- The Ministry for Primary Industries (MPI) conducted Operation Achilles between November 2012 and March 2013.
- A preliminary report was submitted to MPI on 26 July 2013.
- Operation Achilles was initiated after examination of video footage taken by cameras monitoring dolphin captures on-board six setnet commercial vessels operating on the east coast of the South Island.
- Footage revealed the capture of two hectors dolphins, only one was reported.
- Footage also revealed crew openly discarding numerous quota species, there was significant discards of elephant fish and gurnard, and non-reporting of some retained species. All retained QMS species must be recorded.
- All commercial catch of gurnard and elephant fish must be landed.
- Findings give a strong indication of the extent of dumping and non-reporting in the fishery.
- Between 20 to 100% of some quota fish are discarded during every haul.
- The cameras and presence of on-board MPI Observers did not deter some crews from discarding fish.
- Offending seems to be motivated by the lack of any punitive action against the fisher. This offending is almost impossible to detect and difficult to secure a prosecution.
- Port price, the sum paid per kilo to the fishermen, seems to be the main influence on the discarding of small elephant fish. For example, fishermen received $2.65 for large elephant fish, over 50cm long, and $1.70 for small fish. The deemed value penalty is $1.67 so for a $0.03 gain there is no incentive to land small elephant fish.
- Some vessels have available ACE but still dump smaller fish in favour of larger ones, this is called high grading.
- Concerning that commercial catch limits, the TACCs, are being set on the basis of incorrect and misleading catch information.
- On one vessel there was consistent and deliberate illegal discarding of quota species including all small and damaged elephant fish.
- Another vessel refused to turn on the video cameras. Data was only captured by an on-board MPI Observer.
- Some suspicious behaviour, potentially fish dumping, deliberately occurred out of the camera’s range.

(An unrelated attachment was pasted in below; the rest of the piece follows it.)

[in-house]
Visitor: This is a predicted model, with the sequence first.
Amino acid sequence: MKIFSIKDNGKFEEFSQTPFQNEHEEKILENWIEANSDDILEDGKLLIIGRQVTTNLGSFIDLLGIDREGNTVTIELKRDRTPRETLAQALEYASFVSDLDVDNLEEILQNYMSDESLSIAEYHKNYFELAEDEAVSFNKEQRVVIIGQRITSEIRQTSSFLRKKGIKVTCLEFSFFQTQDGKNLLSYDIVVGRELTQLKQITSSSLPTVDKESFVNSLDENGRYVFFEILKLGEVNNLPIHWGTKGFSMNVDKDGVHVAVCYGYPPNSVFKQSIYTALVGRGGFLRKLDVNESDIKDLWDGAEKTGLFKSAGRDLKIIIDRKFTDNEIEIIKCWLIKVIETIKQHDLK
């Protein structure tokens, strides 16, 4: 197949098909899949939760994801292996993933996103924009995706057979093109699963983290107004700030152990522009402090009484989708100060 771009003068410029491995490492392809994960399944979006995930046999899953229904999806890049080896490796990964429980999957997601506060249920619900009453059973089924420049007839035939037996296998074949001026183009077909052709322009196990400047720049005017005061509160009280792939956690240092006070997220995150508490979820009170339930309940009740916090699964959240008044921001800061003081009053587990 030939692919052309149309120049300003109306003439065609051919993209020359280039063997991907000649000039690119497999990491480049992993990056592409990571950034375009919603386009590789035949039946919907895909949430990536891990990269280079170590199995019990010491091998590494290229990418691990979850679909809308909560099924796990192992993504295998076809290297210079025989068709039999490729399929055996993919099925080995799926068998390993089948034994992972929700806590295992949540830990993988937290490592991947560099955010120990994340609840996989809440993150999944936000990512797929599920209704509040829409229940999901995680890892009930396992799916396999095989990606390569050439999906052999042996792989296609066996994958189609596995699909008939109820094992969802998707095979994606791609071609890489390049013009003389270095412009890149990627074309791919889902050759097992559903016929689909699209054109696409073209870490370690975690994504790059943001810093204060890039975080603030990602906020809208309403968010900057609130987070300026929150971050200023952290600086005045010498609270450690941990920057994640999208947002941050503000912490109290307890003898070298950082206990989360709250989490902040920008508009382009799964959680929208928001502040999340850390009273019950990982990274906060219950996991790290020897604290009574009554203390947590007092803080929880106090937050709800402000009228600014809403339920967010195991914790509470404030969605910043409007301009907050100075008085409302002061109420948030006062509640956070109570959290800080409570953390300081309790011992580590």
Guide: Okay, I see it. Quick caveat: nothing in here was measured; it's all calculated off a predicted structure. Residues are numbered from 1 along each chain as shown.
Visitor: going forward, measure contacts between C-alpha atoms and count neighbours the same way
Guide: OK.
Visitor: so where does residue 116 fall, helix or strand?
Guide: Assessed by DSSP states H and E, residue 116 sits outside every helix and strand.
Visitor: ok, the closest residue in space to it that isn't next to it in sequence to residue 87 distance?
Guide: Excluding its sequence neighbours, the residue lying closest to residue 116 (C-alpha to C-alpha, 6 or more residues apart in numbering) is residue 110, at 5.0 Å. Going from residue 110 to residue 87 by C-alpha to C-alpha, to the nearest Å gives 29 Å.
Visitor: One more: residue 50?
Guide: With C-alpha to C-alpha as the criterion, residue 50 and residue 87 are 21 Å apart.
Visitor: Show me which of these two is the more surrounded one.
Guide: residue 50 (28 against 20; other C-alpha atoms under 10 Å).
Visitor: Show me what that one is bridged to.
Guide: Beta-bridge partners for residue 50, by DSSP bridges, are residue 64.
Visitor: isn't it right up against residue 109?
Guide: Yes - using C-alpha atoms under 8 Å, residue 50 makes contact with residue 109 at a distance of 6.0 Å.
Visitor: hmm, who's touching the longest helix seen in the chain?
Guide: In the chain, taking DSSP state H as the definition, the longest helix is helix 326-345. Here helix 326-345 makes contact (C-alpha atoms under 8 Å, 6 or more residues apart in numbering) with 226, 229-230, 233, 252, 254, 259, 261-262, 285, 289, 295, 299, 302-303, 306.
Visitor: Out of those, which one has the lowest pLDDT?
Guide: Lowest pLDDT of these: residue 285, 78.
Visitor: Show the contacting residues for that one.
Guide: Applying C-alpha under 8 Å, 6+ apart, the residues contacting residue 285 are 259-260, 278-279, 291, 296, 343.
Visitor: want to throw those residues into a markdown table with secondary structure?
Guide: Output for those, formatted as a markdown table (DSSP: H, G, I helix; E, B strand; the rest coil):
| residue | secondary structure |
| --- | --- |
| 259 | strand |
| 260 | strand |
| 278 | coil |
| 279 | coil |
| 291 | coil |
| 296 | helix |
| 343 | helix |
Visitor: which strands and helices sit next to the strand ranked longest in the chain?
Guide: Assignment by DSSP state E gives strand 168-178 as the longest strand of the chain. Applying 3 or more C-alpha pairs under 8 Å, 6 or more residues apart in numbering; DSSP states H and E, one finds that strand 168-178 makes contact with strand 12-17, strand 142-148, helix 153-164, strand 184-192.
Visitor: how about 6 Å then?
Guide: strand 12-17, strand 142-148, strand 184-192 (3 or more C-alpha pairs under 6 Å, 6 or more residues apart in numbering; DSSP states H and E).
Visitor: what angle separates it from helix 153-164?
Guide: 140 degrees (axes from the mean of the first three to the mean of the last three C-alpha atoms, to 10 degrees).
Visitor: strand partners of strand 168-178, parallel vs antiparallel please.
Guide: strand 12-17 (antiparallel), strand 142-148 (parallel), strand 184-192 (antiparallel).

- One vessel caught a hectors dolphin in December 2012 and reported its capture in May 2013, four months after the required date. Subsequent review of on-board video footage showed the vessel caught another dolphin but did not report it, as required.
- The net containing the first dolphin was released back into the water and allowed to drift for 10 minutes before being pulled aboard. It appeared the dead dolphin was too entangled to drift loose of the net.
- The 2nd dolphin was caught a short time later, this time the net was released back into the water and allowed to drift for 57 minutes, giving time for the dead dolphin to drift free of the net. No report was filed.
- When interviewed the vessel skipper denied any knowledge of the 2nd dolphin, saying it was just coincidence the he stopped his vessel for 57 minutes, mid-haul, just as the dolphin reached the vessel.
- The investigator did not find the skipper’s explanations plausible. The investigator considered the skipper tried to deliberately release both dolphins to avoid reporting their capture. He recommended a decision on prosecution be made “in due course”.
- Investigator recommends positive action is taken in response to the findings. Issue is more just than sustainability or management, there is compelling visual evidence of serious offending that could be leaked to the public.
- Risky if information is publicly leaked, damaging to MPI and to New Zealand’s economy and ‘green sustainable’ reputation.
- Risk: “that we [MPI] have known about these dumping/discarding issues for many years and would appear to have done little to combat it would be very difficult to explain and unpleasant at best”.
- Risk: “there is also the matter regarding the deliberate non reporting of hectors dolphins that could have a similar if not more dramatic flow on negative effect”.
- The investigator recommended MPI prosecute the offenders irrespective if there was any promised or implied immunity from prosecution, or consequences for future monitoring.
- Investigator questions MPI’s ability to grant immunity from prosecution to offending fishermen. In doing so, could the Ministry potentially be seen to be perverting the course of justice?
- Investigator advises the offences meet the required level as required by the Crown prosecution guidelines regarding public interest and evidence.
- Risk: possible repercussions and criticism for not prosecuting offenders, this jeopardises MPI’s credibility in NZ and overseas, and risks criticism from industry and the judiciary.
- Risk: “We have never had such compelling evidence to prove what we have known for a long time. It is imperative in my opinion that we act positively and timely to mitigate the risk that may result due to a lack (or perceived lack) of action on our part”.
Read the complete Operation Achilles report.